In 2018, Telco Digital Transformation Will Soar Even Higher

In 2018, Telco Digital Transformation Will Soar Even Higher Image Credit: MATRIXX

If 2017 was the year that digital transformation for telcos took off, then 2018 will be the year it soars higher and faster. With new tech and innovations flooding the market, the mantras will continue to be “fail fast,” “move faster” and “keep moving.” Digital transformation has the unique distinction of being both a marathon and a sprint. Winning is all about the ability to be agile, consistent and on demand.

Here are my predictions for 2018:


2017 witnessed the comeback of “unlimited” data plans across the four major US mobile carriers, with value as a key driver in consumer marketing plans. The question is what’s next for 2018?

The next 12 months will see the “Peak Oil” of unlimited data plans, forcing operators to look for the ‘new, new thing’ that will attract and retain consumers. While the rush to offer greater value with unlimited plans is good for consumers, it puts unsustainable pressure on earnings. With new OTT’s and digital economy players entering the market, 2018 will be the year that operators make bold moves to reinvent themselves – embracing differentiation around customer experience radically, content, flexibility and personalized services.


Jennifer Kyriakakis,
Founder and VP of Marketing,

New digital-first entrants will continue to find the MNO space attractive, grabbing market-share by offering customers differentiated offerings, including greater insight into data use, a broader choice and exclusive content.

The digital-first, agile companies will have an advantage over their more established competitors regarding the perception of service and brand too. A recent consumer survey highlighted that customers prefer the experience of digital-first companies, with 73% of participants saying they wish their mobile service provider operated more like an Amazon, Netflix or PayPal.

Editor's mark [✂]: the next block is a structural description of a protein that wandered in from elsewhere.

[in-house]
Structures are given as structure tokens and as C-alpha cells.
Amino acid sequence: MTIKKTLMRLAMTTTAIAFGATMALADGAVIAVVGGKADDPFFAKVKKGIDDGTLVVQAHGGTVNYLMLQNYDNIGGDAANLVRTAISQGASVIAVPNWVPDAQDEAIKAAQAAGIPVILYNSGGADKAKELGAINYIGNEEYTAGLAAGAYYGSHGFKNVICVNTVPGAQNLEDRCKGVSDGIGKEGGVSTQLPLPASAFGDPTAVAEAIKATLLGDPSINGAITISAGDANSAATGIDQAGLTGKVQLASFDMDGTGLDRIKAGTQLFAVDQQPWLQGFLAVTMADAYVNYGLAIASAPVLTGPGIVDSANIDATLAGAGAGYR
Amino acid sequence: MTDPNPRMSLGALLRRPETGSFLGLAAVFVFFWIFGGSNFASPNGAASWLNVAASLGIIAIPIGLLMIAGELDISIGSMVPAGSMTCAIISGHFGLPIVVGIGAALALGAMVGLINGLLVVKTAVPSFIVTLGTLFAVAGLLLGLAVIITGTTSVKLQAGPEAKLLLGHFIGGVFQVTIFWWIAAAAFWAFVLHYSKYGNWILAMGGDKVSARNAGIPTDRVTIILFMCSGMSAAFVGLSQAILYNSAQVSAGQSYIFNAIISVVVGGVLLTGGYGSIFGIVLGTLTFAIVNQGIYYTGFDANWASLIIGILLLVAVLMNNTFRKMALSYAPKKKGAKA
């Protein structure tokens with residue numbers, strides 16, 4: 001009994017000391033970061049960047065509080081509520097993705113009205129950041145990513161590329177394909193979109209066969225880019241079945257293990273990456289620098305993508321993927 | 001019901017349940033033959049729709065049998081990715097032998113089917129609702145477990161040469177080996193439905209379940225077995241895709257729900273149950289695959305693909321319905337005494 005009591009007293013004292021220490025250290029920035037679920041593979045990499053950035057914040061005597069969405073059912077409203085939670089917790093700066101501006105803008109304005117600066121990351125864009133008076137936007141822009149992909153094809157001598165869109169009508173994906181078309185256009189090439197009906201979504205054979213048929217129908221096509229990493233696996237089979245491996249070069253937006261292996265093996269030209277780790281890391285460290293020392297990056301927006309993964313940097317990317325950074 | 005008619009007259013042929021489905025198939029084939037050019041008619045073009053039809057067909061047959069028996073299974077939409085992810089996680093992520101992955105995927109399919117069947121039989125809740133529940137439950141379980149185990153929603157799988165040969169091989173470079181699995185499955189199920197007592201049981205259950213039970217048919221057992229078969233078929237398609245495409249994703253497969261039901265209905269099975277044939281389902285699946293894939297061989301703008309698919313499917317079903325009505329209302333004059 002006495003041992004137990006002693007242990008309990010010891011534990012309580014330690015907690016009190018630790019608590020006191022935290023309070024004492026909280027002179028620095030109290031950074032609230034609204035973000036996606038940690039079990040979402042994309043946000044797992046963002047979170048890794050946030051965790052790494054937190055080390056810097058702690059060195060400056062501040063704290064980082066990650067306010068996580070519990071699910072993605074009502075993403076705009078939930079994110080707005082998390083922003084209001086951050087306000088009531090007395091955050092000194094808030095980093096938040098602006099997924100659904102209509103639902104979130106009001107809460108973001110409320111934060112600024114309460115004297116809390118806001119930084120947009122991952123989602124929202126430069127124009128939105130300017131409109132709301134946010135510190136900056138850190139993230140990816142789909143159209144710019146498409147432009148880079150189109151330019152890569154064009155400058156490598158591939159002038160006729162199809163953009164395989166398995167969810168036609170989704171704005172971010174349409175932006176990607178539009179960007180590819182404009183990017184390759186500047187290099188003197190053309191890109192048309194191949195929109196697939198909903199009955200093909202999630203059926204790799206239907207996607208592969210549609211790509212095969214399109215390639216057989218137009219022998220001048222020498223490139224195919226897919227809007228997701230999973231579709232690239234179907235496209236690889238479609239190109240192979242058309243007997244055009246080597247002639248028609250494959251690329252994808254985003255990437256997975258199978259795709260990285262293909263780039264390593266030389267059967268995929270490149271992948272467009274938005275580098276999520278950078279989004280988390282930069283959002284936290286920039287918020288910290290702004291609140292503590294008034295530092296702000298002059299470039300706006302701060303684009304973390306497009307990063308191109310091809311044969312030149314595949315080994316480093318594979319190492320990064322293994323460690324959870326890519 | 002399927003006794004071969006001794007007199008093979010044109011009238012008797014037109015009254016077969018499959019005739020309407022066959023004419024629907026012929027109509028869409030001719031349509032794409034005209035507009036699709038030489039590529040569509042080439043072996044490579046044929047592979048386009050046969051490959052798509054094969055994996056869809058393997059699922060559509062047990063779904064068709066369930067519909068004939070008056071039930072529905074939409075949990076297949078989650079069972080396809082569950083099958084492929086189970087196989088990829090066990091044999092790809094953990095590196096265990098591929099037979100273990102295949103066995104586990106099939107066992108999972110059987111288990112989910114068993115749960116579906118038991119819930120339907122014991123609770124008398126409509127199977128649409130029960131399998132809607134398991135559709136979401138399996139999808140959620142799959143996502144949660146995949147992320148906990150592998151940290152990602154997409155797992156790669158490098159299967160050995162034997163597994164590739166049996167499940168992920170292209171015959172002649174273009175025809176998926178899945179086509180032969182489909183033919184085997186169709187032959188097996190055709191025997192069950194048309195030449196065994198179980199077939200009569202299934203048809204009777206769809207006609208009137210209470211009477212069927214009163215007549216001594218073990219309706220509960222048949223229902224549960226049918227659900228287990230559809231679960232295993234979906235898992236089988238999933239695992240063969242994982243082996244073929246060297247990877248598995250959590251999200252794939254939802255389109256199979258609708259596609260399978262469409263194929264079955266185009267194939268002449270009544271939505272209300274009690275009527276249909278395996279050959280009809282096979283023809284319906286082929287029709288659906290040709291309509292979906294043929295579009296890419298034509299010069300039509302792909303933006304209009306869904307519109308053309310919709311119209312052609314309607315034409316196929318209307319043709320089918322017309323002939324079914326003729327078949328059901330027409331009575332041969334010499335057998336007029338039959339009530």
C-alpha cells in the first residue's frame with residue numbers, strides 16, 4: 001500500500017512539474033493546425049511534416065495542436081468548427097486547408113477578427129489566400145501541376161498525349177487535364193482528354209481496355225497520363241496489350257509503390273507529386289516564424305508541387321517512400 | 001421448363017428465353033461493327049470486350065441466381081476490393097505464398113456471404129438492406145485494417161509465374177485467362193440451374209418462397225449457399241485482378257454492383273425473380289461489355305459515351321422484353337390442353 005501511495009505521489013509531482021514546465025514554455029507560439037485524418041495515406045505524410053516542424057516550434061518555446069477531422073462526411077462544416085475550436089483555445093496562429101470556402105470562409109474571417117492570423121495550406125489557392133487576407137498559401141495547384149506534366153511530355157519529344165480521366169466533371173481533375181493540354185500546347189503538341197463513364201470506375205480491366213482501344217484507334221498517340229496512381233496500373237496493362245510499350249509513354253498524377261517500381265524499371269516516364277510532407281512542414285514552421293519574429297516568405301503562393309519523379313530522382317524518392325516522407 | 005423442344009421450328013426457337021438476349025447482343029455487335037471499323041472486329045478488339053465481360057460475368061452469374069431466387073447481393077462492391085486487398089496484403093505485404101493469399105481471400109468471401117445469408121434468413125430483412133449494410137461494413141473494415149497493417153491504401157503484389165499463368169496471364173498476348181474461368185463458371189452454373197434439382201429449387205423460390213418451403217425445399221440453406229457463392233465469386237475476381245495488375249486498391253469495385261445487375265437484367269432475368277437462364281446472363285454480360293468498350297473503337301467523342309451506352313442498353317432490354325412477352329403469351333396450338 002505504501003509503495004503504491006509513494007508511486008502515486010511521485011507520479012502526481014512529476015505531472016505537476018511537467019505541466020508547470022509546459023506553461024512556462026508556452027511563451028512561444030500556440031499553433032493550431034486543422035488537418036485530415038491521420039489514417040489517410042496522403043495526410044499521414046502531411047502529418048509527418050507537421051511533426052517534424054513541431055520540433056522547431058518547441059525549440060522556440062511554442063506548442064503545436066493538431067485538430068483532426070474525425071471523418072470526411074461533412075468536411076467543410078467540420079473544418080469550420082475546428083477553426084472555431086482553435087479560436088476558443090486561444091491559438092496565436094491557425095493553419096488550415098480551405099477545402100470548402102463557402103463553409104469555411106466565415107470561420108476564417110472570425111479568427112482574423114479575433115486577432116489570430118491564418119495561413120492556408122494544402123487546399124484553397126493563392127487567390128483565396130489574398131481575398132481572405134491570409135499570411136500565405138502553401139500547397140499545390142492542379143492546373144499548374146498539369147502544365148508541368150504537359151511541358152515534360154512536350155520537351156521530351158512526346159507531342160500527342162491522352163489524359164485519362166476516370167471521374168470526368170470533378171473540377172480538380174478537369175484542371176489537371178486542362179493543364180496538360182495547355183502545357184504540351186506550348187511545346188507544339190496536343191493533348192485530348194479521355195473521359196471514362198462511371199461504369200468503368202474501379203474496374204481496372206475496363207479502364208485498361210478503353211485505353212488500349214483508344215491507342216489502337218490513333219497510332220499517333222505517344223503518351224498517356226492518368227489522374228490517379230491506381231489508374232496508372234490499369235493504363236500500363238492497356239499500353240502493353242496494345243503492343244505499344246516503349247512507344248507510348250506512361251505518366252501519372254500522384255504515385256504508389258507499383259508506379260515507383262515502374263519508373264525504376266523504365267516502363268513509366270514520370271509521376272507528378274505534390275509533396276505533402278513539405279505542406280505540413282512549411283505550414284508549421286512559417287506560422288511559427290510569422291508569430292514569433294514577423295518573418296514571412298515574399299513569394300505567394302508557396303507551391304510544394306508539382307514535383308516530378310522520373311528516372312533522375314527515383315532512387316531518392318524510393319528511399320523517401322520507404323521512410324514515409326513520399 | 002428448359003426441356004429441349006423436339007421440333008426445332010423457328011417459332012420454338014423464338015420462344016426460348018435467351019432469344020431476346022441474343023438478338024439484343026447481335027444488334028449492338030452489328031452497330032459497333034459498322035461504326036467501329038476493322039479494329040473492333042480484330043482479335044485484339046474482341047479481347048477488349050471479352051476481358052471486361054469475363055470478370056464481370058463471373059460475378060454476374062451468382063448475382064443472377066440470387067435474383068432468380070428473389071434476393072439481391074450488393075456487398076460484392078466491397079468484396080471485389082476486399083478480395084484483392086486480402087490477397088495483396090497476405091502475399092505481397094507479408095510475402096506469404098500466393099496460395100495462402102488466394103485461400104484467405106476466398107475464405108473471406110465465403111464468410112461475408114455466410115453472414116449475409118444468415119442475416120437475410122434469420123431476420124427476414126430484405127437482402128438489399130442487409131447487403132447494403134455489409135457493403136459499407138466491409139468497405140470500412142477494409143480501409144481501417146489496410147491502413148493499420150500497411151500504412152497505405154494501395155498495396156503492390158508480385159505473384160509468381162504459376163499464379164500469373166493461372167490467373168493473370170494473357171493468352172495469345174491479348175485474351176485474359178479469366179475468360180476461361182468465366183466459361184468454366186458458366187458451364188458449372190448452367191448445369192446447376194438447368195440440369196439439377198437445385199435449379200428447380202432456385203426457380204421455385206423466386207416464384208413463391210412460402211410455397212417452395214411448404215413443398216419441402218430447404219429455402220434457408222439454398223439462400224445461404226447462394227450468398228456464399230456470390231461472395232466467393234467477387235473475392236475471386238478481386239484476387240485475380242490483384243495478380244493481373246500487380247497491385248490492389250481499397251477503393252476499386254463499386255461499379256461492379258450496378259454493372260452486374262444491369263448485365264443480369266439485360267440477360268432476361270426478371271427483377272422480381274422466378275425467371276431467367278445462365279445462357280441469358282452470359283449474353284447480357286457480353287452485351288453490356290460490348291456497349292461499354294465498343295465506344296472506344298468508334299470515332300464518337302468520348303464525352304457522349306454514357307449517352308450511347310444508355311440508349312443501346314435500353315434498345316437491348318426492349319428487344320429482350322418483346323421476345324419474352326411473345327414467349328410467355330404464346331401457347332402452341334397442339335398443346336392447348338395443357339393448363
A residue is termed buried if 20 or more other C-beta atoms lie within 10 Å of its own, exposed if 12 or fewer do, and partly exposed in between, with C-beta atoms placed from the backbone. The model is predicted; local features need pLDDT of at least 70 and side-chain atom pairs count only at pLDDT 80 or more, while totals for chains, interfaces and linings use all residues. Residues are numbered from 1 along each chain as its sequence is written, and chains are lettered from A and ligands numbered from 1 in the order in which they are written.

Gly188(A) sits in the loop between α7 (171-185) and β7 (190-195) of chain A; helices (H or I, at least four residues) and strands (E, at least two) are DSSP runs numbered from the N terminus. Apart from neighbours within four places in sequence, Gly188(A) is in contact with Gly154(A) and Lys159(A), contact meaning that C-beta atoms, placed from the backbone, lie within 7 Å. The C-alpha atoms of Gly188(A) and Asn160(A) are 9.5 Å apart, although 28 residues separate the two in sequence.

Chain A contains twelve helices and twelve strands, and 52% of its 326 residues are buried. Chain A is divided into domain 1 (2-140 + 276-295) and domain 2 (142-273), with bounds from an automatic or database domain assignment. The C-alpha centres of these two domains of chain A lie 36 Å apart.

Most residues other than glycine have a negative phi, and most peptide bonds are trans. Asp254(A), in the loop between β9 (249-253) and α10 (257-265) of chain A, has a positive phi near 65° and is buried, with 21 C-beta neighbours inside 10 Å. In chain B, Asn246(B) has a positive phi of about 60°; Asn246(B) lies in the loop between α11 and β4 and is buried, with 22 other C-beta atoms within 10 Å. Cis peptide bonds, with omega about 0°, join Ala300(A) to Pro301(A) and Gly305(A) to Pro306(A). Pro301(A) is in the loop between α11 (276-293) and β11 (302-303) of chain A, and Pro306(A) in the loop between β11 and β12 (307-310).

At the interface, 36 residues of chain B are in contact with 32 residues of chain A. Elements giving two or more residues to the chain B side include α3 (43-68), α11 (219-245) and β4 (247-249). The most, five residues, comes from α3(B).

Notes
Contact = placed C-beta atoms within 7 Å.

This trend is already happening, Comcast, for example, has recently introduced Xfinity Mobile – and offered both unlimited and flexible pay per GB plans. The flexible plan is proving more popular with customers as it allows them to pay $12 per GB for the data they use each month, and adjust as needed, rather than shelling out the $65 per line for the unlimited plan. This is a trend we’re likely to see catch on across the board in 2018. (Hence the urgent need to heed #1).


With changes at the FCC removing barriers to zero-rating of content on mobile, Amazon will reduce another barrier to entry to its ecosystem by starting or purchasing a mobile network. This is a considerable threat to existing players in the market because research shows that nearly three-quarters of customers say they would switch to an Amazon mobile offering.

This shouldn’t come as a surprise to anyone with their finger on the pulse of the MNO market: Amazon has held a firm place in the spotlight throughout 2017 amid constant speculation. Its strategy is clear - make it easier for consumers to stay in its ecosystem. Why? To sell more stuff of course!

There is another advantage, though. By doing this on the mobile front Amazon can massively improve its big data collection, so that it can hone its target to consumers even more precisely. Why? Yes, you got it! So they can sell even more stuff. Simple but powerful.